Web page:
Thanks to boom of ex-Outbackers, restaurant start-ups are awesomely blossoming here
Wake up and good morning. The alumni of the Outback Steakhouse empire just can seem to get restaurants start-ups out of their system. That's good for Tampa Bay and our taste buds. Let's catch up with those from the Outback crew of old are out there launching new restaurant concepts.
First up is the Red Elephant Cafe, which opens in South Tampa next week under the eye of by ex-Carrabba's Italian Grill chief Carl Sahlsten (left).The 8-store chain was founded by former Tallahassee Outback store manager John Schrowang. This version, opening Monday at 111 S. Dale Mabry in Tampa, is the first "fast-casual" version with half the space (80 seats) and half the start-up costs. Read more by Tampa Bay Times staff writer Mark Albright here. (Photo by Skip O'Rourke of the Tampa Bay Times.)
Meanwhile, over at the Carmel Cafe, leader Chris Sullivan says the time has come for the new restaurant chain to build its own look. This rendering (right) shows the new $2 million Carmel Cafe being built at 2601 W Swann Ave. in South Tampa. It's a Mediterranean cuisine, tapas-styled concept. Sullivan, of course, is the highest profile founder of the original Outback Steakhouse chain and a prominent business leader, philanthropist (and golfer) here for decades. This site will be the fourth location for Carmel Cafe. Read more, again from Times staff writer Mark Albright here.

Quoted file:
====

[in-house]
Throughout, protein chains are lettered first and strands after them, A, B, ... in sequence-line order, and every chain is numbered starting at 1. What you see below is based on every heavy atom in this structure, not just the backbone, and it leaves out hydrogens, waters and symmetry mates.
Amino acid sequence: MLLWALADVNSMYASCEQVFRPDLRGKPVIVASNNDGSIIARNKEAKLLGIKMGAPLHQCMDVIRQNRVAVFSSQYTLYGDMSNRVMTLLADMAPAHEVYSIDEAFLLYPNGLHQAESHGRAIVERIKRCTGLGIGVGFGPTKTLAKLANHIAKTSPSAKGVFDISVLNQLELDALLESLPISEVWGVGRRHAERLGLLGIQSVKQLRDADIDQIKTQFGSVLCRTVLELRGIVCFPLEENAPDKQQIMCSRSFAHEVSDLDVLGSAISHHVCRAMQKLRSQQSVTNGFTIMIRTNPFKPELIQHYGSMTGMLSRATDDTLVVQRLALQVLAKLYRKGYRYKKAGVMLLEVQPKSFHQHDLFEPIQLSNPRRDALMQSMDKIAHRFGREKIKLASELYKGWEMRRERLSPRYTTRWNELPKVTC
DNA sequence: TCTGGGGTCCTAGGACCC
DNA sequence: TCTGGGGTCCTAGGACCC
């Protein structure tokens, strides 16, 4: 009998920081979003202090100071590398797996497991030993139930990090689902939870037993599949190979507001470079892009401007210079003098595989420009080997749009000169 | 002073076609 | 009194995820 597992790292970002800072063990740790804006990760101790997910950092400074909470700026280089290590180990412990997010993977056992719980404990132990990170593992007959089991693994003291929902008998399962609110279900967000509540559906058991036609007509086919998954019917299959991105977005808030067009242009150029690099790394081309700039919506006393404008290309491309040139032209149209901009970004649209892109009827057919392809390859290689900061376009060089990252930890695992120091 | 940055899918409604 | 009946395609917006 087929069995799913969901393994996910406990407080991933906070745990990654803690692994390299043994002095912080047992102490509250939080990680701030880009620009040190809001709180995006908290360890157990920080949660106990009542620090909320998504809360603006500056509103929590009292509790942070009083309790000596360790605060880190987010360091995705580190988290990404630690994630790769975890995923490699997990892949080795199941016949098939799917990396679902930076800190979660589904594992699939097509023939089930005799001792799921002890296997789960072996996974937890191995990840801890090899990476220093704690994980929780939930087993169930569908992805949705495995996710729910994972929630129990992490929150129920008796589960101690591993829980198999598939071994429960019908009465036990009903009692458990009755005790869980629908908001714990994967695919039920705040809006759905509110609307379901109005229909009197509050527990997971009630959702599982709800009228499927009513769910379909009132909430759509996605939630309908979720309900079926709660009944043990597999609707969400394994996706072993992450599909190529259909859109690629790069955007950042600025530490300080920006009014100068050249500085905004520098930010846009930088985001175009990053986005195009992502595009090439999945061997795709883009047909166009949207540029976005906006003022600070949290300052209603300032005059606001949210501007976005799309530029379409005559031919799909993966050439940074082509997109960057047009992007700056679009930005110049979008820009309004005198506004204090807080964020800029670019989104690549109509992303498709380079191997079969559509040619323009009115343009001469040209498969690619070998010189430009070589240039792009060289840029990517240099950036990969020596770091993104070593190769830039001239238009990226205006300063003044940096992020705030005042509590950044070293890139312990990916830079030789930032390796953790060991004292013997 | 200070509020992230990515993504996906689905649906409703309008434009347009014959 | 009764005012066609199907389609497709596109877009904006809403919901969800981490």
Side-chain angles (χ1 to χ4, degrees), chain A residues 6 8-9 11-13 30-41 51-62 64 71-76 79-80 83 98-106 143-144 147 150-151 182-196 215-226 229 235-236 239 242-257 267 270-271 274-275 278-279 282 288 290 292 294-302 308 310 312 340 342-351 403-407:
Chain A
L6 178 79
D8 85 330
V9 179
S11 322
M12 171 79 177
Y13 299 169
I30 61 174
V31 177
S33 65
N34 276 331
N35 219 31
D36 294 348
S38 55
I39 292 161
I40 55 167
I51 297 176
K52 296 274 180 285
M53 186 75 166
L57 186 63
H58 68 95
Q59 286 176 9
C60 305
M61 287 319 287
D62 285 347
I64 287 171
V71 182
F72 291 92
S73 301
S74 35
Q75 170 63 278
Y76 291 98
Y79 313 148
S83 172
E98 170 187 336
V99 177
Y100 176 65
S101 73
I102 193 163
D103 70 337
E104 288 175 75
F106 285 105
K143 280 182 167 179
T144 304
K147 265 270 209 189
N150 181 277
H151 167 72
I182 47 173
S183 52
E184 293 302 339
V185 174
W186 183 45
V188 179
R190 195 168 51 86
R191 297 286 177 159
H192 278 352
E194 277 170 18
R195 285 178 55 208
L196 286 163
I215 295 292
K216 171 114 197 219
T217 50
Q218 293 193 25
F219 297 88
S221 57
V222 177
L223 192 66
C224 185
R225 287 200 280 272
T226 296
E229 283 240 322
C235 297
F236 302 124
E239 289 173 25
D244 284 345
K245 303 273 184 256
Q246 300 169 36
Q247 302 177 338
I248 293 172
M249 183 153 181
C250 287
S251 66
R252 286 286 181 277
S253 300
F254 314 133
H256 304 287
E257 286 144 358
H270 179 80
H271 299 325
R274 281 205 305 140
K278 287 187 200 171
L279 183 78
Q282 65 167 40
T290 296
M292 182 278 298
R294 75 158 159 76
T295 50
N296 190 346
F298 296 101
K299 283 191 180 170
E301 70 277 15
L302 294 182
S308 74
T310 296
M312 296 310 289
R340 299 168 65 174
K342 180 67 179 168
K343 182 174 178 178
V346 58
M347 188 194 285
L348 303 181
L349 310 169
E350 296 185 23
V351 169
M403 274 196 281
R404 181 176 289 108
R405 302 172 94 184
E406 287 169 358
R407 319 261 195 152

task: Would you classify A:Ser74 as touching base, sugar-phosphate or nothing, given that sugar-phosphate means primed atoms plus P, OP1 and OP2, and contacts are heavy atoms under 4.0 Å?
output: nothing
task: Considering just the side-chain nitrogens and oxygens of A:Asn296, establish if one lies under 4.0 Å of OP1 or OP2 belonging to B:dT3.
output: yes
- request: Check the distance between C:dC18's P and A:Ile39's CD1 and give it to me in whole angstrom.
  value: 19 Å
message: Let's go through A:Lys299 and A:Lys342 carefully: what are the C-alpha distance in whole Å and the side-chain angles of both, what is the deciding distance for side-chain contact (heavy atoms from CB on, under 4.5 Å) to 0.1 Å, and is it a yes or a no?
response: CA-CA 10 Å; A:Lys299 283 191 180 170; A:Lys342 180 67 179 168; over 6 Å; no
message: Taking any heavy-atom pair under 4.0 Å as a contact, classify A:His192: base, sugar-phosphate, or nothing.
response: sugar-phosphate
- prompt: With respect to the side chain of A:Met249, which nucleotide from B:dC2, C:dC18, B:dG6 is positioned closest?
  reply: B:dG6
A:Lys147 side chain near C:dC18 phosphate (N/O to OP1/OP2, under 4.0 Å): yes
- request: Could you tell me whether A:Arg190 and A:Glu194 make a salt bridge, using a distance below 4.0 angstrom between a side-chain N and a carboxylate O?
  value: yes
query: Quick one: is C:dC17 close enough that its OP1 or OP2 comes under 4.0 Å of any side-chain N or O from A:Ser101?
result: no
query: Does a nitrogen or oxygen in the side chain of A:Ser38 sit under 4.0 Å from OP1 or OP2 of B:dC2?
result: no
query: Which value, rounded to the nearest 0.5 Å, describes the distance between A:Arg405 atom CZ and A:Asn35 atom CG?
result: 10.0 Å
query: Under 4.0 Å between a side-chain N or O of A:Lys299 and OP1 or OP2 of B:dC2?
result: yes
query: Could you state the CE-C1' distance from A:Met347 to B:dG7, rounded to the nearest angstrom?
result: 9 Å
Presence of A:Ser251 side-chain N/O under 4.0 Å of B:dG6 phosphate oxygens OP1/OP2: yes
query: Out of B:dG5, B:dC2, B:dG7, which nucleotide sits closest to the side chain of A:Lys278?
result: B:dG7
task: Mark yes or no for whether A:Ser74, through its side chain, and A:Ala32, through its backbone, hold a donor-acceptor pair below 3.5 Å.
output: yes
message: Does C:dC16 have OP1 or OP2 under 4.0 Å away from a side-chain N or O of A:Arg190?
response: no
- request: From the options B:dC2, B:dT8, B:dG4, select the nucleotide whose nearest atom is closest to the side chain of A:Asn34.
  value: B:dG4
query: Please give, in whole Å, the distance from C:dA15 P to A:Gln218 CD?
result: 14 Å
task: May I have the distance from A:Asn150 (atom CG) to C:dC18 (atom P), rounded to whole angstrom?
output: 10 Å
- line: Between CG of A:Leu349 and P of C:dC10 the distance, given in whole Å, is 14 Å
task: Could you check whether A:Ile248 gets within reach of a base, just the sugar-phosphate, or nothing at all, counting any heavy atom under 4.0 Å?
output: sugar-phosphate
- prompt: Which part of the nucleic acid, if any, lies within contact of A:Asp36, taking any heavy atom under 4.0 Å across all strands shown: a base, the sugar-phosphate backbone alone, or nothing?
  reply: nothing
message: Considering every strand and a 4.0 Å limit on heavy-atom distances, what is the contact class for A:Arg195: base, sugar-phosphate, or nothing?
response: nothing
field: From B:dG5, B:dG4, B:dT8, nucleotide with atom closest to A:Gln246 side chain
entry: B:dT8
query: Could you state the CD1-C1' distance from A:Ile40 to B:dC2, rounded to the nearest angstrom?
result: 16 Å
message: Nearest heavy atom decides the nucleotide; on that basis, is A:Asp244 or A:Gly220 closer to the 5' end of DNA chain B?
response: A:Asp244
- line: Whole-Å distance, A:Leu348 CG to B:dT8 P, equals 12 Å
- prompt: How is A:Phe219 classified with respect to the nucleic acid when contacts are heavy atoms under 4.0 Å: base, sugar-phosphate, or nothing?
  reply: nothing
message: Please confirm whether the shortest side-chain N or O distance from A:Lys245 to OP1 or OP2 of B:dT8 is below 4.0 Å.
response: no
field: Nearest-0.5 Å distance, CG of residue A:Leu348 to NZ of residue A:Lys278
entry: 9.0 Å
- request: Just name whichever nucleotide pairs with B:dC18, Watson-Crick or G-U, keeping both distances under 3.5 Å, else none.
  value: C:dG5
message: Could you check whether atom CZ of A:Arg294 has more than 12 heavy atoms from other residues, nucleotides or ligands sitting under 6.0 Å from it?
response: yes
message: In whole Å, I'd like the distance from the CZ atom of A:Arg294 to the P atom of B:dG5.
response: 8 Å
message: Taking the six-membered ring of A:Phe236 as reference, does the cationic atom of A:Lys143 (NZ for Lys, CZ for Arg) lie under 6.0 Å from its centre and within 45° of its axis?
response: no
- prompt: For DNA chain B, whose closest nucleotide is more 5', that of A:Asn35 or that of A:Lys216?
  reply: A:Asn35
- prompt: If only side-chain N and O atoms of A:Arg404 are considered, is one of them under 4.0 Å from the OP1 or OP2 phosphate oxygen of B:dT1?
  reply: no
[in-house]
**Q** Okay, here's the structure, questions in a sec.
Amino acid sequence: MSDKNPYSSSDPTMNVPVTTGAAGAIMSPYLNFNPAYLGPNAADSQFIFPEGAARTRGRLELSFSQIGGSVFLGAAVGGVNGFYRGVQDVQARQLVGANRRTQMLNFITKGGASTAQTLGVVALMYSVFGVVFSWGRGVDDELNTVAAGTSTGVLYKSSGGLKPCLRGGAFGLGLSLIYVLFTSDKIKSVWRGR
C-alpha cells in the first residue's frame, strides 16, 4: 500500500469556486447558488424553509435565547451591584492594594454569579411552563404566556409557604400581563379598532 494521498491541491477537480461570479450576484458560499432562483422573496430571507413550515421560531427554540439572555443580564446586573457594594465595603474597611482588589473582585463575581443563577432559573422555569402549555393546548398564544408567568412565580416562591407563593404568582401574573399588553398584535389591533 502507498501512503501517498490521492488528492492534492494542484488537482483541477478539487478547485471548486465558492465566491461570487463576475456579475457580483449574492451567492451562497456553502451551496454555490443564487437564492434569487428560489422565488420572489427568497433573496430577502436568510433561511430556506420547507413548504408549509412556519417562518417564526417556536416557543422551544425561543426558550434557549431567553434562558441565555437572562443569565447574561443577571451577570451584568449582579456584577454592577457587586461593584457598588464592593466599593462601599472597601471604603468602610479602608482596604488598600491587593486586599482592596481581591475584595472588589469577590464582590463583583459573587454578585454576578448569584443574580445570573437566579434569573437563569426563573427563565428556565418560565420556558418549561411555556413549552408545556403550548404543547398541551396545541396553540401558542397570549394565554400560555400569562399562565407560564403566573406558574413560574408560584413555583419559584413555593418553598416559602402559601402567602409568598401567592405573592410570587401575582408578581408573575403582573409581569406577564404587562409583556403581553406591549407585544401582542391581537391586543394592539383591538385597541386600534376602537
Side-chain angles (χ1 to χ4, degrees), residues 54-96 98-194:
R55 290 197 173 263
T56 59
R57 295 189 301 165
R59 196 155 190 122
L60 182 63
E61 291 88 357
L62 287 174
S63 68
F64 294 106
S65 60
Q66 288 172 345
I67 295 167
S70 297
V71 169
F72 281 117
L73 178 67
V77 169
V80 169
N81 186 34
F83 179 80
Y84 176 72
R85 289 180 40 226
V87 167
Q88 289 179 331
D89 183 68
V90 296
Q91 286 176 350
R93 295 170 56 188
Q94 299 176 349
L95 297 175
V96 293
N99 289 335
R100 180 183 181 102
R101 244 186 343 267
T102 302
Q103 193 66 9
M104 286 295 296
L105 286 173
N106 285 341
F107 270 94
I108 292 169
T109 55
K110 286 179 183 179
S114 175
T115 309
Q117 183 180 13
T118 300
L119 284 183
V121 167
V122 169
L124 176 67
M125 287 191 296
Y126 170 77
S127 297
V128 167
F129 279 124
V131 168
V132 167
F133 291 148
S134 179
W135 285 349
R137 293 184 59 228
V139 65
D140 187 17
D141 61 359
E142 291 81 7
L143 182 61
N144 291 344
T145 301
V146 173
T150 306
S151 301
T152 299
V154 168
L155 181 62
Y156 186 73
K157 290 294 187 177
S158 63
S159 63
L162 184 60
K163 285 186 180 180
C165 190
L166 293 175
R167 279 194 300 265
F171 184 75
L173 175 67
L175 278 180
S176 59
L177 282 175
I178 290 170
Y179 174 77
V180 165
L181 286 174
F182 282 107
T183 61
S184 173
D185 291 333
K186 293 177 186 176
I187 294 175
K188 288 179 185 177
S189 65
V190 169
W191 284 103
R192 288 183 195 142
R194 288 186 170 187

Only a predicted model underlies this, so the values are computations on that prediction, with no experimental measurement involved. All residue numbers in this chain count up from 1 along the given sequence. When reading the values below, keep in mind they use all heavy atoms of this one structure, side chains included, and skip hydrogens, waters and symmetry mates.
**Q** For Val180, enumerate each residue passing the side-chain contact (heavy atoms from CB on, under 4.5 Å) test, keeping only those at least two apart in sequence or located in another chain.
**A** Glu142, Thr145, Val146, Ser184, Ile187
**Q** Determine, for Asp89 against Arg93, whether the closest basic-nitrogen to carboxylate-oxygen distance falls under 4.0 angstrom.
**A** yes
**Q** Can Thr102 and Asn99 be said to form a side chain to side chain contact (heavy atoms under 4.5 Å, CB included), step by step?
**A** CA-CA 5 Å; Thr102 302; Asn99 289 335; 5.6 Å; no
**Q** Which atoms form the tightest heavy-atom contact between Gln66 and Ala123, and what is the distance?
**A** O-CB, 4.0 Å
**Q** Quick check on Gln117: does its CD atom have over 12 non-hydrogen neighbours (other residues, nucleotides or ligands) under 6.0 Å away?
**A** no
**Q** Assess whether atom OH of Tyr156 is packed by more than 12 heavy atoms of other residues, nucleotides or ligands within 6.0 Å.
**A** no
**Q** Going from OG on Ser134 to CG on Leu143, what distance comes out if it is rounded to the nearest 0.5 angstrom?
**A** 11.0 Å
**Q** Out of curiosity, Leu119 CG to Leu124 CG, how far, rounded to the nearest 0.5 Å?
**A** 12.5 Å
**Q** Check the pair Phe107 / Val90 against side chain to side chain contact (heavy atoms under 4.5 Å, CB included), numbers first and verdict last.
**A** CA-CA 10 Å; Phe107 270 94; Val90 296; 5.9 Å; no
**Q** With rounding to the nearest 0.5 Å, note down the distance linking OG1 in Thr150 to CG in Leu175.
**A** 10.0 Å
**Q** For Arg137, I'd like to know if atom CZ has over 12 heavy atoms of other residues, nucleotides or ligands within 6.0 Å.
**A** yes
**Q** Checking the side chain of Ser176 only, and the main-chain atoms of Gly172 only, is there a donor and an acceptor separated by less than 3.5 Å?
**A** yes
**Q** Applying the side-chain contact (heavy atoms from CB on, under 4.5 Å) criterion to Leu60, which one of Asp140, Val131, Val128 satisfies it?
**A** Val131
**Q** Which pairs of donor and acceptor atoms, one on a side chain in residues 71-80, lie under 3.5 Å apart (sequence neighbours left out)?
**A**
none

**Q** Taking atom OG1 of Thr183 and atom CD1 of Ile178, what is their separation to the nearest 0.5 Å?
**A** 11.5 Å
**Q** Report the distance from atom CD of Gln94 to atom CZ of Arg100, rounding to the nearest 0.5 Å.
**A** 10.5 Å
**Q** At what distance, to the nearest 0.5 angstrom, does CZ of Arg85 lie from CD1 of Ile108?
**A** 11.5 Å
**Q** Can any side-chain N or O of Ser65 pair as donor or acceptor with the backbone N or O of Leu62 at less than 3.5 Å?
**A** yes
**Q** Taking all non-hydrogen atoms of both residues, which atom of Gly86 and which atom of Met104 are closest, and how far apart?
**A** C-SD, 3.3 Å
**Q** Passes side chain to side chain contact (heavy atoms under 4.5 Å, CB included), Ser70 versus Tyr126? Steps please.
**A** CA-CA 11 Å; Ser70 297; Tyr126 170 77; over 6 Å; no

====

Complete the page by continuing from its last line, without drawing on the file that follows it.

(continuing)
Not to be left behind is Outback co-founder Bob Basham, whose PDQ (as in "pretty darn quick") fast food chain has its first location up and running at 2207 S Dale Mabry and is scouting additional spots to expand. Basham makes a good point: "We never realized Outback would have 100 stores within 5 years of opening the first one in".... wait for it... "South Tampa." Times staff writer Mark Albright calls PDQ a "Buick-level fast food experience" with $7 meals. Read more from Albright here. (Photo, left, of Bob Basham (left) and PDQ co-founder Nick Reader, CEO of MVP Holdings. By Tampa Bay Times' Octavio Jones.)
But wait. There are more Outbackers doing their own thing now. They include David Osterweil and FitLife Foods and Ben Novello and Jim Pollard's World of Beer. And Lee Roy Selmon's barbecue/sports bar chain, once part of the Outback empire, was spun off years ago and is now also part of MVP Holdings.
If that isn't a remarkable cluster of restaurant entrepreneurs, what is? Awesome.
-- Robert Trigaux, Business Columnist, Tampa Bay Times